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Increased water current induces micro-architectural changes to the vertebral bone of juvenile rainbow trout (Oncorhynchus mykiss)

Owen, M.A.G., Eynon, B., Woodgate, S., Davies, S.J., Fox, S.
Aquaculture 2012 v.344-349 pp. 141-146
Oncorhynchus mykiss, body conformation, body length, diet, exercise, mechanical properties, mineral content, trout, vertebrae, water currents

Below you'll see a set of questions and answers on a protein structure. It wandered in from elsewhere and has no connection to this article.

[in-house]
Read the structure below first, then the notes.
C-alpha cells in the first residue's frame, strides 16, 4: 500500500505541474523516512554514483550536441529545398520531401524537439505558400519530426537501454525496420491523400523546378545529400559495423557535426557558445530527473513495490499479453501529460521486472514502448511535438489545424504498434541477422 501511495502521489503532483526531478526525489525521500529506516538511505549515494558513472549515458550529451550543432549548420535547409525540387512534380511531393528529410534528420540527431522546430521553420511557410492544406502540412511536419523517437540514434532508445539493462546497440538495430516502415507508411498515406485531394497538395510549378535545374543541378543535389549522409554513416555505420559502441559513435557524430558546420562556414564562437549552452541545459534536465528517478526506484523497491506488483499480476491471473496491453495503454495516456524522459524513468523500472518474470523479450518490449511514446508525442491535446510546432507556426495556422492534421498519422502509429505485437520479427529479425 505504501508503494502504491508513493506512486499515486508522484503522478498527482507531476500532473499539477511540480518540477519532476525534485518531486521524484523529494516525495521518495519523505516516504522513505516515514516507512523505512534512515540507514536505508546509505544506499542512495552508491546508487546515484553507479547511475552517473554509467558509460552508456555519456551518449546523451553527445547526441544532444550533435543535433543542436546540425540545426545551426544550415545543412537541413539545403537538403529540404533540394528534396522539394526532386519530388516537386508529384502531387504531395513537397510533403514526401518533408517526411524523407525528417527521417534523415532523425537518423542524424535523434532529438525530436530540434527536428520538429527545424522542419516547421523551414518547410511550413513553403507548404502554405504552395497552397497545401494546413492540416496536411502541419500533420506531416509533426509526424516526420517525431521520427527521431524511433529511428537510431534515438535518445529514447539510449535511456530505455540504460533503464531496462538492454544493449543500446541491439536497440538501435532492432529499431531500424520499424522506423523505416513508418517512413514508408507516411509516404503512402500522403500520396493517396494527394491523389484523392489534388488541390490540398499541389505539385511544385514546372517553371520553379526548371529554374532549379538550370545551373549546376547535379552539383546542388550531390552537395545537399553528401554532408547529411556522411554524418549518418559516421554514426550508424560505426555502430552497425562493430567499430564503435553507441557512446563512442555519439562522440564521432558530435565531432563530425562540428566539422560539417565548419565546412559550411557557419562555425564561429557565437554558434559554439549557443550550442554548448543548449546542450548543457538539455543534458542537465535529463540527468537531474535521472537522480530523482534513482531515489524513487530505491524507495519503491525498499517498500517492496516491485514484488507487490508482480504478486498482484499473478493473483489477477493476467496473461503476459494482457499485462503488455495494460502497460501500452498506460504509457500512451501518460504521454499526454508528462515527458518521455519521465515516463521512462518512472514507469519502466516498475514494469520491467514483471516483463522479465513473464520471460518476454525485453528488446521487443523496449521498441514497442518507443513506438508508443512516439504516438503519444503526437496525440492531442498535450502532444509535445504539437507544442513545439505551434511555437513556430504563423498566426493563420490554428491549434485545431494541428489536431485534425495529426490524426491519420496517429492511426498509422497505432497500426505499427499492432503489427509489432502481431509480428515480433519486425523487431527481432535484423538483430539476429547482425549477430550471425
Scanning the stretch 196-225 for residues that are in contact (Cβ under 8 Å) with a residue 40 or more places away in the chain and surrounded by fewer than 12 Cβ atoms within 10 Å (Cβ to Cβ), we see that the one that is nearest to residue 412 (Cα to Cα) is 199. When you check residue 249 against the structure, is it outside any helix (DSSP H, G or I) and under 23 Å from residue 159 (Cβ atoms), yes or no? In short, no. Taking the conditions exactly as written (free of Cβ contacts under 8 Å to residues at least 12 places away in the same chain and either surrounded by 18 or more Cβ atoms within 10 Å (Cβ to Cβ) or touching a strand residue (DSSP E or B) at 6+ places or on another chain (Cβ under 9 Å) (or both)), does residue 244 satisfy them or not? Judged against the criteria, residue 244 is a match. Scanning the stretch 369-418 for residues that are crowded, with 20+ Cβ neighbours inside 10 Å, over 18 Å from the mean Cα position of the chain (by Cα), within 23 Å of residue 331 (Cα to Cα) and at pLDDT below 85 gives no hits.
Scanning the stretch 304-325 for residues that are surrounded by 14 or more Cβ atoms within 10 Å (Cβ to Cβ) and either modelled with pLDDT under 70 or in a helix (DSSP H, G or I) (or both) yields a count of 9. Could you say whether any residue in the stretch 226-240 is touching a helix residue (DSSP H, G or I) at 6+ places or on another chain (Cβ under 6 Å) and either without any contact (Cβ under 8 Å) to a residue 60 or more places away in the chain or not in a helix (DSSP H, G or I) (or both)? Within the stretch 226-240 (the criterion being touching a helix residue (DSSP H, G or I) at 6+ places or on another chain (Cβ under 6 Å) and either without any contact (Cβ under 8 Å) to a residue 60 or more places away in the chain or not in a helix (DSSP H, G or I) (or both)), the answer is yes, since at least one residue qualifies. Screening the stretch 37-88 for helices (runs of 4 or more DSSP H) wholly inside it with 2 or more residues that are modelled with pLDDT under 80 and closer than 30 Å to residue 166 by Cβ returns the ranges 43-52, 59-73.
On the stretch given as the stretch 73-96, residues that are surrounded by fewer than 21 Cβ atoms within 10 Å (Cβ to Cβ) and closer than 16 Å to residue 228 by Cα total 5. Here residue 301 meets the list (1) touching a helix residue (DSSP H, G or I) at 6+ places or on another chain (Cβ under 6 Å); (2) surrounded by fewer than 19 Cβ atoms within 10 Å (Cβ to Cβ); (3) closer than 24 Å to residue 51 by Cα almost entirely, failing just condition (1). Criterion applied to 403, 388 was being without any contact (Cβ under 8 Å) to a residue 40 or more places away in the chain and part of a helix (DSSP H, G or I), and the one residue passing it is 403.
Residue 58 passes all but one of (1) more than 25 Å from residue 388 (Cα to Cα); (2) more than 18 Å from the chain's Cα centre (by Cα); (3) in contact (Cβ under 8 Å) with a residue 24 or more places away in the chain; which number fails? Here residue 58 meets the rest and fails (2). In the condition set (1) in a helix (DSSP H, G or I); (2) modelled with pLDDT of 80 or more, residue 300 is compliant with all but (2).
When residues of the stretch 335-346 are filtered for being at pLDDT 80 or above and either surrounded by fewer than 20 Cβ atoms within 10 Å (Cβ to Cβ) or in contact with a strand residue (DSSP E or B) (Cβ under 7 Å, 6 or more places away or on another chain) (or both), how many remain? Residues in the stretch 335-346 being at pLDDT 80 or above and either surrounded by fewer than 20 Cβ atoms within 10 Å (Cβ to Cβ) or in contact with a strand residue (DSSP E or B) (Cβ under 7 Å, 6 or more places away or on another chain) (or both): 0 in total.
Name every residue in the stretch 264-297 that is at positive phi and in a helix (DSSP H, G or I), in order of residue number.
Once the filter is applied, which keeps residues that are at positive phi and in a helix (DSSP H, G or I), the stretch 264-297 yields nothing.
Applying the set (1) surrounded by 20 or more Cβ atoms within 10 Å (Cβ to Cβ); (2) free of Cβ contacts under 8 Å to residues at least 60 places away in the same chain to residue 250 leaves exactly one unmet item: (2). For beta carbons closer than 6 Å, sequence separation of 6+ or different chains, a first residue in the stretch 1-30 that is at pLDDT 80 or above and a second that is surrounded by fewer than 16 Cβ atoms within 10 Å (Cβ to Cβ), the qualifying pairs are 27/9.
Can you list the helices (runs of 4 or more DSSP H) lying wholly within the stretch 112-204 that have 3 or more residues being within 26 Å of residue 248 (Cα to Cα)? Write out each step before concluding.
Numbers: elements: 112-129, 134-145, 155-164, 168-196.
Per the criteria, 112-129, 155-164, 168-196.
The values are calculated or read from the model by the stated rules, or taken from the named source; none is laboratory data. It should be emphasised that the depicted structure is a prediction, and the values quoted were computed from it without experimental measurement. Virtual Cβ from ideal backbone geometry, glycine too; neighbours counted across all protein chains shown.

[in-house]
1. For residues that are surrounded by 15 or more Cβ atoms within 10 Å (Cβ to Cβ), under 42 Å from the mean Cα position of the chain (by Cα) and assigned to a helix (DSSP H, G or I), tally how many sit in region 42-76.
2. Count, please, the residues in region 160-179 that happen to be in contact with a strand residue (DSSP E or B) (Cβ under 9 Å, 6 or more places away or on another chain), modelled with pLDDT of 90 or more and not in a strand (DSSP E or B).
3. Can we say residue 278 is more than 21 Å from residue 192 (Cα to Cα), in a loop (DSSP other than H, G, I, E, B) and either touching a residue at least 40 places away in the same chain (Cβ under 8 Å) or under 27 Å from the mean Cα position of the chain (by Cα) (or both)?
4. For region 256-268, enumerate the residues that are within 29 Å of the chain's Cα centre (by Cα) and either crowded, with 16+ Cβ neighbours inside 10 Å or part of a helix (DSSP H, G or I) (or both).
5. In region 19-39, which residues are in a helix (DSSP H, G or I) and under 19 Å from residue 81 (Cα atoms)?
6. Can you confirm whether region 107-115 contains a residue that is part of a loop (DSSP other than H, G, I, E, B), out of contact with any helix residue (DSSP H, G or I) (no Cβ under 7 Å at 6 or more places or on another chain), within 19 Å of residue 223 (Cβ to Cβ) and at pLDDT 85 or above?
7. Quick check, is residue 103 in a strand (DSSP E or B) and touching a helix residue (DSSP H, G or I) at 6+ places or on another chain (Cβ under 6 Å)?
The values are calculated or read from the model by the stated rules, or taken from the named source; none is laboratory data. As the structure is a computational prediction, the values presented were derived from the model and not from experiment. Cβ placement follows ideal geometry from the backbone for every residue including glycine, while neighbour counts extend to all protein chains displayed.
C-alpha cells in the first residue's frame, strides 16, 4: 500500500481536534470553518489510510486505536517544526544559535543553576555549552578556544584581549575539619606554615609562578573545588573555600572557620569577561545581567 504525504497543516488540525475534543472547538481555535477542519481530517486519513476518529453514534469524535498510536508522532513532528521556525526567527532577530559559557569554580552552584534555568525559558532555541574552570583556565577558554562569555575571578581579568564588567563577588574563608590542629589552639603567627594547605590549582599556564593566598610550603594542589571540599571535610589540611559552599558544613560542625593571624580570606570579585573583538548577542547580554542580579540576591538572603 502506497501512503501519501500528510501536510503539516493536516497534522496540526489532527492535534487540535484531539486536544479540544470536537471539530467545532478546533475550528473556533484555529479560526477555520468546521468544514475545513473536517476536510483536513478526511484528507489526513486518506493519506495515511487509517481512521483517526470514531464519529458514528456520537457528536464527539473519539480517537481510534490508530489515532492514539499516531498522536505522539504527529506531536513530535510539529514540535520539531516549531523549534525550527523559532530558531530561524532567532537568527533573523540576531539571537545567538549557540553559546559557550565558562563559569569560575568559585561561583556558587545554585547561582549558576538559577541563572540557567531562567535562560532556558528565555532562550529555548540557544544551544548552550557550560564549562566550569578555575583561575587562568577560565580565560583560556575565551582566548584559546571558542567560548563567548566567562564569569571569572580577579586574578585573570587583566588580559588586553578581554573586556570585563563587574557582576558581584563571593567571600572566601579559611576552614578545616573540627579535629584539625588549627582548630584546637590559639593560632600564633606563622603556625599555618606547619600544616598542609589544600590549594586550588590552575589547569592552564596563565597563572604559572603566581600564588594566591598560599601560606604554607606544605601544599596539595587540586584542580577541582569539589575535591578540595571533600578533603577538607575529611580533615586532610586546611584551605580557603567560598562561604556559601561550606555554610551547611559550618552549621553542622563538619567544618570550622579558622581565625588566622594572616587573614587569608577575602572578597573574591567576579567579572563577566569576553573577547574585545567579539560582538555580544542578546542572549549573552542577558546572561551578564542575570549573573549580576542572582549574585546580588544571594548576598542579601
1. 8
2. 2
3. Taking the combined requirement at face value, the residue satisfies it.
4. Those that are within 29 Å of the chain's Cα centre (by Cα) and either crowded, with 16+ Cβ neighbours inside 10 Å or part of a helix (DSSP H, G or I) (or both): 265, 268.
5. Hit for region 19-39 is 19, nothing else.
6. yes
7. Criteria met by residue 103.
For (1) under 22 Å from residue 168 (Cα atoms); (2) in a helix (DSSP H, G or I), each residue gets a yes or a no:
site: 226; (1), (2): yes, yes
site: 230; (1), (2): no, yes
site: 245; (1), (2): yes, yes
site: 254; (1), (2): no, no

In terrestrial animals the link between exercise and bone physiology is well described, however this is not the case for fish. Abnormal bone physiology is a growing problem for intensive aquaculture, we therefore examined if water current affected bone quantity and quality in juvenile rainbow trout. Random groups of trout were assigned to one of two treatments, high current (two body lengths per second) or low current (zero body lengths per second), and fed a commercial diet for ten weeks. At the end of the trial no significant differences were elucidated for growth or body conformation. However the histomorphometry of the vertebrae from the trunco-caudal area of the spinal column was assessed and total bone area and trabecular thickness were found to be reduced (p=0.04, p=0.01), while the whole bone mineral content, and autocentrum width were observed to increase (p=0.01). These changes however did not result in any significant differences in the mechanical properties of the vertebrae. This data suggests that exercise induces morphological changes to vertebrae which, over a longer production period than utilised in the present study, may influence the mechanical properties of the bone.